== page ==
March 29 2021 08:00 AM

Sponsored content provided by BONSILAGE USA

No matter how well we plan and manage our silage programs, some challenges arise that we cannot control. Weather, wildlife, and other factors can cause delays in covering our crop or air to be reintroduced to the silo during storage. For growers who are trying to overcome expected challenges that already make it difficult to achieve high-quality fermentation, these unexpected circumstances can cause quite the headache.

Luckily, there are ways that growers can arm themselves against these situations when ensiling forages, including using silage inoculants.

Air stress challenge

During storage, the goal is to keep the environment completely anaerobic so that the silage may remain stable until opening and feed out. Even with perfect management techniques, unforeseen circumstances can allow air into the silage mass. For example, when animals create holes in plastic covers or small leaks appear, it might be too late by the time they are even noticed.

When the silage environment becomes aerobic, many processes take place that will lead to an increase in pH, resulting in losses of DM and other valuable nutrients. Suppressing any increase in pH can combat these issues and keep silage more palatable and nutritious.

Putting silage inoculants to the test

Applying quality silage inoculants can help ensure a successful fermentation process, even when harvest conditions are less than ideal. In a recent study, alfalfa silages were subjected to varying lengths of air stress to imitate the out-of-control situations growers are commonly subjected to.

In the study, there were bouts of “short” (4 hours/week) and “long” (12 hours/week) air stress lengths applied to alfalfa silage to model situations where oxygen could be reintroduced during fermentation due to small leaks or holes created by animals or weather. Alfalfa silage included in this study was either untreated (control) or treated with an inoculant called BONSILAGE FORTE. This study shows that the treated silage could suppress the pH increase that came with air being reintroduced into a silage mass.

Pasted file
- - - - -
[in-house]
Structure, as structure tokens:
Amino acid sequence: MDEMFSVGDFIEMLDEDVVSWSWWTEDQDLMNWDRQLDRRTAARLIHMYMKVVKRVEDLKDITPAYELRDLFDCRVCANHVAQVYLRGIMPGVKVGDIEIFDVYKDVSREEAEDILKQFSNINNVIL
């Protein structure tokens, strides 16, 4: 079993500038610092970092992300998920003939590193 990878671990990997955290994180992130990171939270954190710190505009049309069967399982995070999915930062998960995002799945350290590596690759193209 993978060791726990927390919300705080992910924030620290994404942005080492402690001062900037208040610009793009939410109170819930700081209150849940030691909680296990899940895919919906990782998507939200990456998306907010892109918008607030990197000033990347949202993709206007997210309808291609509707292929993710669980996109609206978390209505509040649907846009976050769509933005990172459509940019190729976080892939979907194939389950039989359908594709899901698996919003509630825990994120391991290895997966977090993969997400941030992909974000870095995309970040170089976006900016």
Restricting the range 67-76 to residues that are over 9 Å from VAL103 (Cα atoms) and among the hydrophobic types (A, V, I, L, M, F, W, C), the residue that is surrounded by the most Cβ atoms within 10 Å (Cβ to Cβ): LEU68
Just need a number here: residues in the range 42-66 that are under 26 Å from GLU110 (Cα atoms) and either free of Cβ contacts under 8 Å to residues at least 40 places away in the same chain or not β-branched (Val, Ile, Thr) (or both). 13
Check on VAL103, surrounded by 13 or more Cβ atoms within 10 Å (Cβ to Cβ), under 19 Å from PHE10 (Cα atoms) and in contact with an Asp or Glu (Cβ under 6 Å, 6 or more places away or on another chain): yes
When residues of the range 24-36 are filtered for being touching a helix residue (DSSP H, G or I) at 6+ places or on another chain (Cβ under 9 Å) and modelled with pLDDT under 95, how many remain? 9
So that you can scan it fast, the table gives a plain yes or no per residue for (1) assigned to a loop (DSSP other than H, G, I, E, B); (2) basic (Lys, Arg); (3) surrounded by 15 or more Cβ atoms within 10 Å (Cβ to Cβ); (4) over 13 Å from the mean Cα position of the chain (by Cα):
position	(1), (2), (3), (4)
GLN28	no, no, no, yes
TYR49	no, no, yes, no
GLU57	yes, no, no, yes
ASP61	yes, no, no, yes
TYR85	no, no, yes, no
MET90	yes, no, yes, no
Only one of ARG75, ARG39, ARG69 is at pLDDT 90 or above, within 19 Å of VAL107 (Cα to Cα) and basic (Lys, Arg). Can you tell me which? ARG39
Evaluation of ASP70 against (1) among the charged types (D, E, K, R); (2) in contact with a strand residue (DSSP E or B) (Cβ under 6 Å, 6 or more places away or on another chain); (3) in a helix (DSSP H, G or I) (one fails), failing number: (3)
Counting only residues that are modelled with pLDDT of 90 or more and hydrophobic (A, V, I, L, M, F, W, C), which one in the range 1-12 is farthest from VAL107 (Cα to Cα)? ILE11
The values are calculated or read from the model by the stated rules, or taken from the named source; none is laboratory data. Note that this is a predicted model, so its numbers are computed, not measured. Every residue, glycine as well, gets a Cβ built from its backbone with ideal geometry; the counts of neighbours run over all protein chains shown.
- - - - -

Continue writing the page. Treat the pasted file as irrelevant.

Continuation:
Figure 1: The pH of alfalfa ensiled for 35 and 98 days was recorded to determine BONSILAGE FORTE’s ability to control the pH increase of air stressed silage. Silage was either treated with no inoculant (control) or BONSILAGE FORTE (FORTE). During ensiling, the material was also either subjected to short air stress (short) at 4 hours per week or long air stress (long) at 12 hours per week. Source: Data from the University of Delaware, 2020

Natural buffering capacity

Alfalfa silages are known for their high buffering capacity due to high levels of protein and ash. That higher buffering capacity leads to alfalfa being one of the harder crops to ensile. The drop in pH in the front end of fermentation happens at a slower rate than in other crops, which also contributes to the challenge. There are many drawbacks to this slow drop in pH and one of those is that it takes longer to inhibit enzymatic protein degradation as well as harmful microorganisms like clostridia.

Applying the right silage inoculant can help growers overcome the slow pH drop rate. Research shows that using the BONSILAGE FORTE inoculant, growers can experience a more rapid drop in pH during the front end of fermentation.

Figure 2: Alfalfa silage was ensiled for 2, 5, and 7 days and the pH was measured to evaluate BONSILAGE FORTE’s ability to rapidly lower the pH in the front end of fermentation. Silage was either treated with no inoculant (control) or BONSILAGE FORTE (FORTE). Source: Data from the University of Delaware, 2020

With the ability to decrease pH at a more rapid rate in hard-to-ensile forages and combat the pH increase that comes with air penetration during ensiling, adding a silage inoculant into a crop plan can help growers protect their crop and provide cattle with high-quality forage.

To learn more about BONSILAGE FORTE and how it can help improve the quality of forage, visit BONSILAGEUSA.COM.